So, Chris Anderson’s book, The Long Tail, is scheduled to launch on Tuesday next week, and his NYC party is on Wednesday. But I already saw Chris’ book on the business book display at Barnes and Noble in Union Square last weekend. Whoops.
An article coincidentally hit the NYT Business section today. Very good timing there, Chris! And the blog posts are surely going to start pouring in as the buzzword machine starts buzzing–as if it already wasn’t. But one might say that it’s about to reach the, Ahem, tipping point.
Anyway, I’ve been looking around for how one might position a tool designed to help marketers write for the long tail of search to ride the impending wave. It appears that when you search on long tail in Google, Chris pretty much owns that entire first page. Even the one seemingly non-Chris Squidoo page turns out to be Chris’ business lens page in Squidoo, providing another fine example on how “tagging” Web 2.0 sites are greatly about making a grab for search traffic.
But the Wikipedia did manage to squeeze in there. So, I’ve considered contacting whoever has been deemed credible enough to stick on the Wikipedia longtail pages. HitTail on its own doesn’t add enough to the discussion to merit a citation on that Wikipedia page, such as Danny Sullivan, Clay Shirky or The Economist. And left on its own devices, the HitTail site has only managed to rise to page 4 of Google on when searching on long tail. It’s going to need a special push that only… well, only a hub of a scale-free network can provide.
And THAT is actually the subject of this post. In my research of the long tail SEO concept, there are many related you come across, including power-law distribution, Zipf law, Pareto and the like. But perhaps one of the most interesting concepts from a HitTailing and even a public relations perspective is scale-free networks.
Without trend setters and highly influential people, Internet linking looks a lot more like average distribution associated with randomness and “average” behavior. But when you take into account the small number of high density linking, you come up with influential hubs that turn the average distribution into more of a power-distribution. In other words, power is unevenly distributed, with a small number of highly interconnected nodes having a great deal of influence.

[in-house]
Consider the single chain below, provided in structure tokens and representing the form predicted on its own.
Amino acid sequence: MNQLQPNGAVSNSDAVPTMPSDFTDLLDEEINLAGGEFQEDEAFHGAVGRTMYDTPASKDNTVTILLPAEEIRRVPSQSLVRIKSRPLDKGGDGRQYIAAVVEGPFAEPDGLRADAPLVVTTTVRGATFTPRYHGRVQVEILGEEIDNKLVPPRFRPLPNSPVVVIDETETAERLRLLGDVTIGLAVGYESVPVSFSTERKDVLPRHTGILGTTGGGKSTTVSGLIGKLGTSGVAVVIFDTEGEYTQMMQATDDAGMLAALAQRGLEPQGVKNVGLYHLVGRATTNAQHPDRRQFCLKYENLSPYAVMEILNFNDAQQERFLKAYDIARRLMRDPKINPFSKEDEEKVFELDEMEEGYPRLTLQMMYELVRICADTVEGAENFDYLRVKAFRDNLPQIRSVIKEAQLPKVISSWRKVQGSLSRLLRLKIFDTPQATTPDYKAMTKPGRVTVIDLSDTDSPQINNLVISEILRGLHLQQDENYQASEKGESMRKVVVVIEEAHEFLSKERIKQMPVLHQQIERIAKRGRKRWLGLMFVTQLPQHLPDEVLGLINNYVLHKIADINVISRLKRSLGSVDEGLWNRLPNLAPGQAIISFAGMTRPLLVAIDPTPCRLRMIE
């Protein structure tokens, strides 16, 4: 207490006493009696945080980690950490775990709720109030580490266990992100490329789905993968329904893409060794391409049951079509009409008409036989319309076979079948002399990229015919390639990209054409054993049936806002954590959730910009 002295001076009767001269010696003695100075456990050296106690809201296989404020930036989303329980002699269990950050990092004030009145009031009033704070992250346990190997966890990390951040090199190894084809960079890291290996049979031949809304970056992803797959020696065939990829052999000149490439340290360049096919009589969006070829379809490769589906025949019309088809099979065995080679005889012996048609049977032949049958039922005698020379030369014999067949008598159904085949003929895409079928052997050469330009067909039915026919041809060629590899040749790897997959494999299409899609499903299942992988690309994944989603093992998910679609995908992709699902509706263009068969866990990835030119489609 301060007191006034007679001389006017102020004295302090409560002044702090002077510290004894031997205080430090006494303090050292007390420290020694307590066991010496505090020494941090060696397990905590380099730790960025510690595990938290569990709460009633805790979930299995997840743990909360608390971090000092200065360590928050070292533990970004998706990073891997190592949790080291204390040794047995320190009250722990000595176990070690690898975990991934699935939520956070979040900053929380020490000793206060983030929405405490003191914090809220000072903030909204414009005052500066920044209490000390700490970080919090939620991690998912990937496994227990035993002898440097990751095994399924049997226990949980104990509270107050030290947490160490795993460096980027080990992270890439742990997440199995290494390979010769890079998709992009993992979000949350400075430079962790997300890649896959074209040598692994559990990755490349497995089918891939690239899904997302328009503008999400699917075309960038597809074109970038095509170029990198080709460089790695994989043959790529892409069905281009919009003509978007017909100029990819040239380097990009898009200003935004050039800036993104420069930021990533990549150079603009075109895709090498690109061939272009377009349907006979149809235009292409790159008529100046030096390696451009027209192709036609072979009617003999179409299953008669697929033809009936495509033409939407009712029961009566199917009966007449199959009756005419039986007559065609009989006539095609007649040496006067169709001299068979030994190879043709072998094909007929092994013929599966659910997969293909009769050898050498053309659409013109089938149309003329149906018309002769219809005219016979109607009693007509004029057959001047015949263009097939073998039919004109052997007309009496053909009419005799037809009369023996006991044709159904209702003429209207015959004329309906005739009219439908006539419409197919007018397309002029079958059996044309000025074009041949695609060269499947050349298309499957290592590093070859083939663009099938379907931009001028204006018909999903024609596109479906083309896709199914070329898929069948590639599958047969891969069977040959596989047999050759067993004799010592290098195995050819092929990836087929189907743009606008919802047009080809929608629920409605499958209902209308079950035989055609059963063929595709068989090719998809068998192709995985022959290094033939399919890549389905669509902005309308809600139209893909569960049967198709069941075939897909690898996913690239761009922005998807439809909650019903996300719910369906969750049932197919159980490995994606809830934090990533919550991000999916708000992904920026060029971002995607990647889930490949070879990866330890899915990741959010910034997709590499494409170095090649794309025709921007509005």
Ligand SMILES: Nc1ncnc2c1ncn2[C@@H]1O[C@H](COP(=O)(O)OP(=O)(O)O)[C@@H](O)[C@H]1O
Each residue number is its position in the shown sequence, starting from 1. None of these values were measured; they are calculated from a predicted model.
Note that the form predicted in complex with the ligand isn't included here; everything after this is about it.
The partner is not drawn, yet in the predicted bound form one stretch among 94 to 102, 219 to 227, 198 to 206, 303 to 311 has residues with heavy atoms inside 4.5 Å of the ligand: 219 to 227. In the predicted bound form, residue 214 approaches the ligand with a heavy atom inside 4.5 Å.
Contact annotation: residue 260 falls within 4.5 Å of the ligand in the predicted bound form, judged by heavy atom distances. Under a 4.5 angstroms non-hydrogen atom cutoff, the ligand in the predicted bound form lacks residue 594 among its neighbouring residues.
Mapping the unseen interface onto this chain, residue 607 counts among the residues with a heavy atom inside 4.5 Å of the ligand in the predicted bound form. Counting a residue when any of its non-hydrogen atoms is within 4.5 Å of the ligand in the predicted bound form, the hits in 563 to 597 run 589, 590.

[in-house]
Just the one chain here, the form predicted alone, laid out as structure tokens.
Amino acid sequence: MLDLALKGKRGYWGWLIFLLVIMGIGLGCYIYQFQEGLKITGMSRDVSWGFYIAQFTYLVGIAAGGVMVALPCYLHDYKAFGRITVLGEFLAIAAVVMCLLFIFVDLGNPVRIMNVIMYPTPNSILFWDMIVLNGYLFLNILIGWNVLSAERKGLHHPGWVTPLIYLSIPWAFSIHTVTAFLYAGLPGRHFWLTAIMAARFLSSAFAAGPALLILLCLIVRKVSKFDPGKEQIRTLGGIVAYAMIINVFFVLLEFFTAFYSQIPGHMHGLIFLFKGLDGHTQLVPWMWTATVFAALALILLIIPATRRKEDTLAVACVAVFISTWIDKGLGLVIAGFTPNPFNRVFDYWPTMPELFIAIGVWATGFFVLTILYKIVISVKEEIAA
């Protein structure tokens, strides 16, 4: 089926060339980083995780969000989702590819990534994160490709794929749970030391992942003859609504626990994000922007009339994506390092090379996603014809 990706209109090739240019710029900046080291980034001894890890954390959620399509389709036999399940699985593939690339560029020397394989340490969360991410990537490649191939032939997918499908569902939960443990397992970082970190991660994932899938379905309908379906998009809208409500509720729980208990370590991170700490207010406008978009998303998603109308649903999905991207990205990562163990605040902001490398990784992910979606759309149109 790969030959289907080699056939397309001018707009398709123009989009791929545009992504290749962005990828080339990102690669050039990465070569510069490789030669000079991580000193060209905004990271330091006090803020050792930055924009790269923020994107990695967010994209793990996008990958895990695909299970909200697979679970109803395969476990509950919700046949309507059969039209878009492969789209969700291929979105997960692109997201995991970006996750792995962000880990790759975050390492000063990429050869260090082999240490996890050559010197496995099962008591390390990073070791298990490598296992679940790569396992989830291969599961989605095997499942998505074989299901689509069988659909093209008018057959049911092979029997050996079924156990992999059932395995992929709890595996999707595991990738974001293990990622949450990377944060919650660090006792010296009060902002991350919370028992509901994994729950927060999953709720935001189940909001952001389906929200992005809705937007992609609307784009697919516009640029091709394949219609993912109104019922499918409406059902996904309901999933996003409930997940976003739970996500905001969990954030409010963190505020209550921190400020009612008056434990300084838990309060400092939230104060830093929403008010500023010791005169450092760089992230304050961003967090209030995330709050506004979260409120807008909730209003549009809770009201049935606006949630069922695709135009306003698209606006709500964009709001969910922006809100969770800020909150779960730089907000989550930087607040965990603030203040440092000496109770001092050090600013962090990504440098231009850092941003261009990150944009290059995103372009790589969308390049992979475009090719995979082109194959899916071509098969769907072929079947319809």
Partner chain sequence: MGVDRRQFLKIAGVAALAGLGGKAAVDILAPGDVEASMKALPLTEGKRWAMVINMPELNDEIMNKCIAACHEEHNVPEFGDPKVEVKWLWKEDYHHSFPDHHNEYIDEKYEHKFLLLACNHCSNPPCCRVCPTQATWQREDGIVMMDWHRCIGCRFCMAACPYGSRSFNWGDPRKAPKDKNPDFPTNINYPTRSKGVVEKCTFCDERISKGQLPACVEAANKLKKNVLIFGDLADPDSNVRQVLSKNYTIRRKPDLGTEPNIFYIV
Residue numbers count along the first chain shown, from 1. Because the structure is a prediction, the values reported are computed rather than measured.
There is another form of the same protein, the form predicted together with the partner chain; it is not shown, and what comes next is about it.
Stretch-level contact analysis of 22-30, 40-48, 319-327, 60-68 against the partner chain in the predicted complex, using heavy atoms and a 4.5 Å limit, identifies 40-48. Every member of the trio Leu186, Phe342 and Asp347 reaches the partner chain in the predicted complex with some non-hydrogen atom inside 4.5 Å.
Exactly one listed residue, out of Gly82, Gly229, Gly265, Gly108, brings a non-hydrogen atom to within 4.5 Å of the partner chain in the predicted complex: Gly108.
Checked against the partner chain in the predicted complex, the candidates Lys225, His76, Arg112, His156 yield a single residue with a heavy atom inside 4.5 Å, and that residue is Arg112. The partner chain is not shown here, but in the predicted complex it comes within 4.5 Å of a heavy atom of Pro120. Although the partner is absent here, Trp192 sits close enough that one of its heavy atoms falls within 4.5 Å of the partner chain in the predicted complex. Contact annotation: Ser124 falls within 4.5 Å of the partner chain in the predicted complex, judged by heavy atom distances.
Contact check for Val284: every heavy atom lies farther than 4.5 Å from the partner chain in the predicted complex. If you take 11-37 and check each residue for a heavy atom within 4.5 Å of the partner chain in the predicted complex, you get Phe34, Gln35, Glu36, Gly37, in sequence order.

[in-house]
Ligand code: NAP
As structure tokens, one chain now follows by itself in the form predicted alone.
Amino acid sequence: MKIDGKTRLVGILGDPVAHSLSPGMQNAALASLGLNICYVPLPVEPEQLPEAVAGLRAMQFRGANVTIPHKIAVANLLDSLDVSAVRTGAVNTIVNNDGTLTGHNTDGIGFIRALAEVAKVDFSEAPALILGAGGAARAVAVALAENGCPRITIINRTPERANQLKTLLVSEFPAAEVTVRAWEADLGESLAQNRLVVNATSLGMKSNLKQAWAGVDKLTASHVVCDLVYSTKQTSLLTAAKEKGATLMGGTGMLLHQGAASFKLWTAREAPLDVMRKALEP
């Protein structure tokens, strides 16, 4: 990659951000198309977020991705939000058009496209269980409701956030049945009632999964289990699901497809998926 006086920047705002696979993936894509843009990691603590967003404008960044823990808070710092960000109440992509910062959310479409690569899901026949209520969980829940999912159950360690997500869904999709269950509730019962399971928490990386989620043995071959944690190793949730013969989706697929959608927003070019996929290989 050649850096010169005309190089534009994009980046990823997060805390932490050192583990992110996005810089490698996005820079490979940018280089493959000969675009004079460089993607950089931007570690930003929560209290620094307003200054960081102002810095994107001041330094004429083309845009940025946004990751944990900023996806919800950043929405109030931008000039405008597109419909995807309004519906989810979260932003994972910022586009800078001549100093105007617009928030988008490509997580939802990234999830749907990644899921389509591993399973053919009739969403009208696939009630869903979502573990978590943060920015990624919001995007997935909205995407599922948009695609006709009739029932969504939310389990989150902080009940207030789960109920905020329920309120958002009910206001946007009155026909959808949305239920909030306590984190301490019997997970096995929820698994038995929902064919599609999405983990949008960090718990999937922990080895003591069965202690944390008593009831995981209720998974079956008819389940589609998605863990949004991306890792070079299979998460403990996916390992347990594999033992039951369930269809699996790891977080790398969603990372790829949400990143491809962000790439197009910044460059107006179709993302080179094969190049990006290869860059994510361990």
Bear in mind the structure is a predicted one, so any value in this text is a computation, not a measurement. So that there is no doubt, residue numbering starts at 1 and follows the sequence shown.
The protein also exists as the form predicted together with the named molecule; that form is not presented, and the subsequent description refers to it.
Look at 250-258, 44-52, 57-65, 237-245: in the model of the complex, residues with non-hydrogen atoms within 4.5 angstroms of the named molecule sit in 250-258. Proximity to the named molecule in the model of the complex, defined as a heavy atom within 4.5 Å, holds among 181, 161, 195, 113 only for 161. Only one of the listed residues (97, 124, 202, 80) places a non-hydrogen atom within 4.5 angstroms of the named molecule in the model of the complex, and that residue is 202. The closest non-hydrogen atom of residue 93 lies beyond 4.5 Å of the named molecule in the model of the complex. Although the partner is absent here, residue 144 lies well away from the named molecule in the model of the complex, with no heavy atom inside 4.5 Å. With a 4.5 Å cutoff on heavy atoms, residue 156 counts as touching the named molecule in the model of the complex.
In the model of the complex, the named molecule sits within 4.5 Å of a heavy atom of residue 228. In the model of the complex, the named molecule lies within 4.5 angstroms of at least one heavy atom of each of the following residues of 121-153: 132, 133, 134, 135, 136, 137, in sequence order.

And this invokes many other related concepts, including six degrees of separation and small world theory, that states that everything is capable of being connected to everything else in great part thanks to a couple of hops through these highly linked-to nodes… or, in other words, very popular people or websites.
So, the more things change, the more they stay the same. Clay Shirky’s article from 2003 discusses why with any system, citing MUDs (multi-user dungeons–the massively multi-user online games of ages past) and BBSes (electronic bulletin board systems–the online forums of years past) as examples that start out much more democratic, but then rapidly lose that special quality as they draw attention, more users and super-stars that become those hubs. There is a lot of begrudging by small fries who felt like big fish when the puddle was teeny.
Many systems have this super-star-making quality. The nature of the medium tends to pre-determine the nature of the stars. When the Internet was mostly geeky, it produced phenomenon’s like Yahoo and Slashdot, where a relatively small number of editors set the agenda. Now, Google and Yahoo Search play a similar role, but the wisdom of the crowd has replaced human editors. And the wisdom of the crowd can produce super-stars with “shut-out” like powers that suppresses the otherwise level playing field.
And that’s a necessary thing. It ensures that the innovators (who can also market themselves) rise to the top, and the general public is served by getting what they really mean when they ask for it. Chances are, you want to know about “long tail” in the context of Chris Anderson, and not in the context of a long tail bug, rat or deer (all of which I receive hits for). But Google wouldn’t be doing its job either if it totally buried these other meanings. And those of us who watch Google’s results carefully, constantly see attempts to keep an even hand and instill a sense of “fairness”.